Know more

Our use of cookies

Cookies are a set of data stored on a user’s device when the user browses a web site. The data is in a file containing an ID number, the name of the server which deposited it and, in some cases, an expiry date. We use cookies to record information about your visit, language of preference, and other parameters on the site in order to optimise your next visit and make the site even more useful to you.

To improve your experience, we use cookies to store certain browsing information and provide secure navigation, and to collect statistics with a view to improve the site’s features. For a complete list of the cookies we use, download “Ghostery”, a free plug-in for browsers which can detect, and, in some cases, block cookies.

Ghostery is available here for free:

You can also visit the CNIL web site for instructions on how to configure your browser to manage cookie storage on your device.

In the case of third-party advertising cookies, you can also visit the following site:, offered by digital advertising professionals within the European Digital Advertising Alliance (EDAA). From the site, you can deny or accept the cookies used by advertising professionals who are members.

It is also possible to block certain third-party cookies directly via publishers:

Cookie type

Means of blocking

Analytical and performance cookies

Google Analytics

Targeted advertising cookies


The following types of cookies may be used on our websites:

Mandatory cookies

Functional cookies

Social media and advertising cookies

These cookies are needed to ensure the proper functioning of the site and cannot be disabled. They help ensure a secure connection and the basic availability of our website.

These cookies allow us to analyse site use in order to measure and optimise performance. They allow us to store your sign-in information and display the different components of our website in a more coherent way.

These cookies are used by advertising agencies such as Google and by social media sites such as LinkedIn and Facebook. Among other things, they allow pages to be shared on social media, the posting of comments, and the publication (on our site or elsewhere) of ads that reflect your centres of interest.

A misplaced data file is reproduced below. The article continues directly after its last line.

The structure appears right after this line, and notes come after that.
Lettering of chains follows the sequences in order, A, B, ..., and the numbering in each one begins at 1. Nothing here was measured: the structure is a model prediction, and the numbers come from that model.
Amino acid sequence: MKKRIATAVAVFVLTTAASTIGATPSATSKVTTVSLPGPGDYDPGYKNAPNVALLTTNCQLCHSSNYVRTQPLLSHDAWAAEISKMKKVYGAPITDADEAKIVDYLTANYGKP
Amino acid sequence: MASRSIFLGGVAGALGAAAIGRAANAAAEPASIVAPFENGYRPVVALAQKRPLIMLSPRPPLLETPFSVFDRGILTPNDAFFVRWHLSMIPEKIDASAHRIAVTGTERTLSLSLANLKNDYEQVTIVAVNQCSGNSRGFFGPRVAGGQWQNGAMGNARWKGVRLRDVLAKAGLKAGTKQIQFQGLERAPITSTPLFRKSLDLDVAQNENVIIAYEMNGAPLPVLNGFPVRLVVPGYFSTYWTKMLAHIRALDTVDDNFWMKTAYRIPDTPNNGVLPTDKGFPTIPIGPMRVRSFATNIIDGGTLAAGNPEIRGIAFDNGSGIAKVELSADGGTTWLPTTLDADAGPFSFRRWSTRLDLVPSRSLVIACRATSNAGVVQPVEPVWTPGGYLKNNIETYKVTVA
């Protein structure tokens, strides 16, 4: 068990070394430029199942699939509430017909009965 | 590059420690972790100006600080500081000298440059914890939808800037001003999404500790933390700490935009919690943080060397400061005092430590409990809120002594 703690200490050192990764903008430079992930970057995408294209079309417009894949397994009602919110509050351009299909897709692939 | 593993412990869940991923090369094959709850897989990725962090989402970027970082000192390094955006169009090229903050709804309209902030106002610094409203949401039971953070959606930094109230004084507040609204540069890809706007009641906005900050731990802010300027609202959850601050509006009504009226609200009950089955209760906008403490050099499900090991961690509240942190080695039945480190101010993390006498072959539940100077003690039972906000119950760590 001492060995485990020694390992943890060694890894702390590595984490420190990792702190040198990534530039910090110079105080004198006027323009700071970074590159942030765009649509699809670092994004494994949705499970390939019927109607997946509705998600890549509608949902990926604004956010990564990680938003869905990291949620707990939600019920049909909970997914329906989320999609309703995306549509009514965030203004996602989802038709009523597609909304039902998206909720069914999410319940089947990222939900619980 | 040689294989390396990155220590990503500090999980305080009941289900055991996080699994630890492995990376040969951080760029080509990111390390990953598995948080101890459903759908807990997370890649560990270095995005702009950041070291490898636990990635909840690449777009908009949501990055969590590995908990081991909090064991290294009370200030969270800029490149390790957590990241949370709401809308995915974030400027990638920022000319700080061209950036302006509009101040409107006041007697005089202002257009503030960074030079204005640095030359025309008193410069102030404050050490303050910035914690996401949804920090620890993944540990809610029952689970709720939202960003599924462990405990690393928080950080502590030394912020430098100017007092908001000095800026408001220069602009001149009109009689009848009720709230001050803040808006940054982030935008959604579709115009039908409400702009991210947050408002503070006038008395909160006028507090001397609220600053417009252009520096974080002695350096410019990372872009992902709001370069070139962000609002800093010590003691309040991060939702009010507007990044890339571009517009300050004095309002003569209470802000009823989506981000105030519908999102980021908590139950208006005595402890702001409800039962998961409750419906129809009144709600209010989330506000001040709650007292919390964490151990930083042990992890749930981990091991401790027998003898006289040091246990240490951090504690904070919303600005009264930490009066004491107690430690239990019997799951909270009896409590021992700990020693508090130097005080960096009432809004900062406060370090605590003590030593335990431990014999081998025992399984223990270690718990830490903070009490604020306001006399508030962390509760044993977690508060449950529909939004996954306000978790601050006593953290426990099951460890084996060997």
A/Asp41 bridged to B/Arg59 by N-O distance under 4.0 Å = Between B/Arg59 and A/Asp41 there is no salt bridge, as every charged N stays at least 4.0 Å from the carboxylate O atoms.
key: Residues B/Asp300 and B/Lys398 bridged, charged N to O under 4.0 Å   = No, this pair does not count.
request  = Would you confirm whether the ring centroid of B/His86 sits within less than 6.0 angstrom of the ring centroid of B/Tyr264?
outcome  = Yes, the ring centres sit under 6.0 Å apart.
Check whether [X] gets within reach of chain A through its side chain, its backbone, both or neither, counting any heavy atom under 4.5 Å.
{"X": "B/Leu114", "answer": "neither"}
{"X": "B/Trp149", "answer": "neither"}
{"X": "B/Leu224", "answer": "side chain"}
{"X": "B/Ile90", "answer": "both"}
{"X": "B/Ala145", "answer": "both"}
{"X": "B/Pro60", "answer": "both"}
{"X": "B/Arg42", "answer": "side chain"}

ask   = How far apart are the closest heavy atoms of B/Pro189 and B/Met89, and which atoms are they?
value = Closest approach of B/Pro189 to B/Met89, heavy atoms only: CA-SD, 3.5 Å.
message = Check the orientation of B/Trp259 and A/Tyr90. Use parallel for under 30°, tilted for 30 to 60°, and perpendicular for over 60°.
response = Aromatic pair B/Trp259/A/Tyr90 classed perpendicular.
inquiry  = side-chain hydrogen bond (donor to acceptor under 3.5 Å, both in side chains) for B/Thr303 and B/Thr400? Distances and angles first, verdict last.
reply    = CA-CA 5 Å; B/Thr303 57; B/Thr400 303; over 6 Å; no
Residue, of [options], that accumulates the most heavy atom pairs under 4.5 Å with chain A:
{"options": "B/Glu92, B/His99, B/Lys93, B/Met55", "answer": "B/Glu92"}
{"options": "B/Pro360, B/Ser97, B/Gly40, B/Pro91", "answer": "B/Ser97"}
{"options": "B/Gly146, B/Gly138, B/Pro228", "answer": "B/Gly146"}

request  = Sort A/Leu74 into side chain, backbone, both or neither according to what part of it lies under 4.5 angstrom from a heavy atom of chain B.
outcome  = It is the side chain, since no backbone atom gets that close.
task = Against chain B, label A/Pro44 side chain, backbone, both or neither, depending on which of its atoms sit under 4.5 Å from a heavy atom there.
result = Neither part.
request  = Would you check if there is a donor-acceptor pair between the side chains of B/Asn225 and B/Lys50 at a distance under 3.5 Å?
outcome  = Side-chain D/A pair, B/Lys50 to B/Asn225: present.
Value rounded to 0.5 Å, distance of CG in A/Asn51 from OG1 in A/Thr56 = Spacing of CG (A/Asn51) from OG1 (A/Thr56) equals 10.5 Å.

Our EZPublish content management system (CMS) uses CAS and PHP session cookies and the New Relic cookie for monitoring purposes (IP, response times).

These cookies are deleted at the end of the browsing session (when you log off or close your browser window)

Our EZPublish content management system (CMS) uses the XiTi cookie to measure traffic. Our service provider is AT Internet. This company stores data (IPs, date and time of access, length of the visit and pages viewed) for six months.

Our EZPublish content management system (CMS) does not use this type of cookie.

For more information about the cookies we use, contact INRA’s Data Protection Officer by email at or by post at:

24, chemin de Borde Rouge –Auzeville – CS52627
31326 Castanet Tolosan CEDEX - France

Dernière mise à jour : Mai 2018

Menu Logo Principal


Webinar: Recombination and chromatin landscapes in the wheat genome

Recombination and chromatin landscapes in the wheat genome
On 27 January 2022, the IWGSC organized a webinar entitled "Recombination and chromatin landscapes in the wheat genome" presented by Ian Henderson (University of Cambridge, UK)


Ian Henderson, Department of Plant Sciences, University of Cambridge, UK


The hexaploid bread wheat genome comprises over 16 gigabases of sequence across 21 chromosomes. Meiotic crossovers are highly polarized along the chromosomes, with elevation in the gene-dense distal regions and suppression in the Gypsy retrotransposon-dense centromere-proximal regions. We profiled the genomic landscapes of the meiotic recombinase DMC1 and the chromosome axis protein ASY1 in wheat and investigated their relationships with crossovers, chromatin state, and genetic diversity. DMC1 and ASY1 chromatin immunoprecipitation followed by sequencing (ChIP-seq) revealed strong co-enrichment in the distal, crossover-active regions of the wheat chromosomes. Distal ChIP-seq enrichment is consistent with spatiotemporally biased cytological immunolocalization of DMC1 and ASY1 close to the telomeres during meiotic prophase I. DMC1 and ASY1 ChIP-seq peaks show significant overlap with genes and transposable elements in the Mariner and Mutator superfamilies. However, DMC1 and ASY1 ChIP-seq peaks were detected along the length of each chromosome, including in low-crossover regions. At the fine scale, crossover elevation at DMC1 and ASY1 peaks and genes correlates with enrichment of the Polycomb histone modification H3K27me3. This indicates a role for facultative heterochromatin, coincident with high DMC1 and ASY1, in promoting crossovers in wheat and is reflected in distalized H3K27me3 enrichment observed via ChIP-seq and immunocytology. Genes with elevated crossover rates and high DMC1 and ASY1 ChIP-seq signals are overrepresented for defense-response and immunity annotations, have higher sequence polymorphism, and exhibit signatures of selection. Our findings are consistent with meiotic recombination promoting genetic diversity, shaping host–pathogen co-evolution, and accelerating adaptation by increasing the efficiency of selection.


  • Tock, A. J., Holland, D. M., Jiang, W., Osman, K., Sanchez-Moran, E., Higgins, J. D., Edwards, K. J., Uauy, C., Franklin, F., & Henderson, I. R. (2021). Crossover-active regions of the wheat genome are distinguished by DMC1, the chromosome axis, H3K27me3, and signatures of adaptation. Genome research, 31(9), 1614–1628.


Download documents